Welcome to a Wednesday Update!
While we hear news of snow and below zero temps across the US, we've been having pretty nice weather locally. The rain started up again late last night and has been showering throughout the day. I really like this weather - it's cool enough for me to leave the window next to my work desk open for circulation and not "wet" enough to make my papers all soggy. I really dread the summer season where it just gets hot and sticky.
While KS has been busy with miscellaneous site updates and his day job at hand, I've been hammering away at my deadlines. SO FAR so good! I'm about 5 strips short of completing all our basic comic content for Volume 2. While I'm stuck on that, I decided to back-track and get started on coloring. A friend asked me via LJ what my workflow was like - especially around deadlines. I thought today might be a great time to address this.
Day-to-day, I try my best to fit roughly 8 hours of work in. Be it drafting, drawing, coloring, or site maintenance. For some things, KS and I work together on - bouncing ideas and suggestions back and forth until we get a solid strip idea/layout. The 2 steps that take up the most time are:
- Plotting - This is basically my story-boarding process. Although nemu*nemu is timeless, we still have to make sure there's some sense of timing and continuity throughout all our strips. We may not have a clear idea of what will happen a few chapters down the road, but we always have notes jotted down to pull inspiration from later.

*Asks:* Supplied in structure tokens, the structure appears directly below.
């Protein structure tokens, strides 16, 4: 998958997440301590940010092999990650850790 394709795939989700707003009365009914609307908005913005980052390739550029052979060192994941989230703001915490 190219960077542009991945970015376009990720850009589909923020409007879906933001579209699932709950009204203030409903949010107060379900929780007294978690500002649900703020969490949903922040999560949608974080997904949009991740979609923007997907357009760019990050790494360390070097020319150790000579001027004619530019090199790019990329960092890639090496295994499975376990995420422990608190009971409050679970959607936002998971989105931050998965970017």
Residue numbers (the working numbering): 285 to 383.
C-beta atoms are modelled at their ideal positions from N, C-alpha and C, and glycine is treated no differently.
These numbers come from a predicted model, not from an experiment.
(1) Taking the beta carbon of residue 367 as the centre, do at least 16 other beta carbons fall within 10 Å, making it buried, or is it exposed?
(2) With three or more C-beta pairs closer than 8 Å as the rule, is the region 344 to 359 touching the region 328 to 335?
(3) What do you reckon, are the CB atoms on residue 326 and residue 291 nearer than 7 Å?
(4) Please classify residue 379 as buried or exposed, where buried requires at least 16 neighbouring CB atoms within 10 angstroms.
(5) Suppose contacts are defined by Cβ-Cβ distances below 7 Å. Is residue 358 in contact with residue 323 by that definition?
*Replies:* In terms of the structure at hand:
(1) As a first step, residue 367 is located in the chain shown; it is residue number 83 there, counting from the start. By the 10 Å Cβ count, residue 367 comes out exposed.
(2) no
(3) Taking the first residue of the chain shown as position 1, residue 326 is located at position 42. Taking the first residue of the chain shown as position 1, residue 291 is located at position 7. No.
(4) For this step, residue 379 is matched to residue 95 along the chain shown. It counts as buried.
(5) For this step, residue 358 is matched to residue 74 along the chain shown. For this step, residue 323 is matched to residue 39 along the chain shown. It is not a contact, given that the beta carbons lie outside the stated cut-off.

The process of taking those general ideas, sharpening them up for a chapter/arc and then filtering pieces of those ideas into individual strips and panels can take me anywhere from a day to a week. I think of each panel as a scene in a movie and try my best to convey whatever feelings, action, etc within those limited spaces... while keeping in mind where the dialog bubbles and sound effects will go.
- Flatting - First off, refer back to this entry regarding my coloring/flatting process. Think of flatting like coloring in a stained glass window. All spaces need to be filled and the colors should work together with some degree of harmony. The Cintiq helps a lot with speeding up the process - cutting down the hand-eye coordination bit and makes things feel much more natural. Regardless, it still takes some time to lay down all the colors - roughly 1-2 hours per strip, depending on how complex the lineart is.
I can't cut corners on either of these steps as they are the foundation for my work later. I can always flub up the drawing/inking or coloring because Photoshop allows me to work and rework things until I am happy with them. (Trust me, if I could make perfect page art, I would - but time constraints and my current ability does not allow me that luxury~)
With a deadline looming overhead, I have to plow through as much work as I can in a short amount of time - which does have its pros and cons. While I can see my artwork rapidly improving/changing over the past 2 weeks while working solely on strips, I've slowed down considerably on my computer work. While I switch gears, I'll probably start noticing the opposite occurring. Personally, I like maintaining a balance between drawing and coloring - ideally working 1-2 weeks ahead of time.
When out of deadline mode, KS and I have more time to brainstorm ideas for illustrations, merchandise, the site. Which is always a nice break to be creative in different ways. :D
Hope that sheds some light on how I do things~! As I mentioned earlier, tutorials are in the works! If there's something specific you'd like for me to talk about, don't be afraid to ask! (I might even be able to work it into the tutorials!)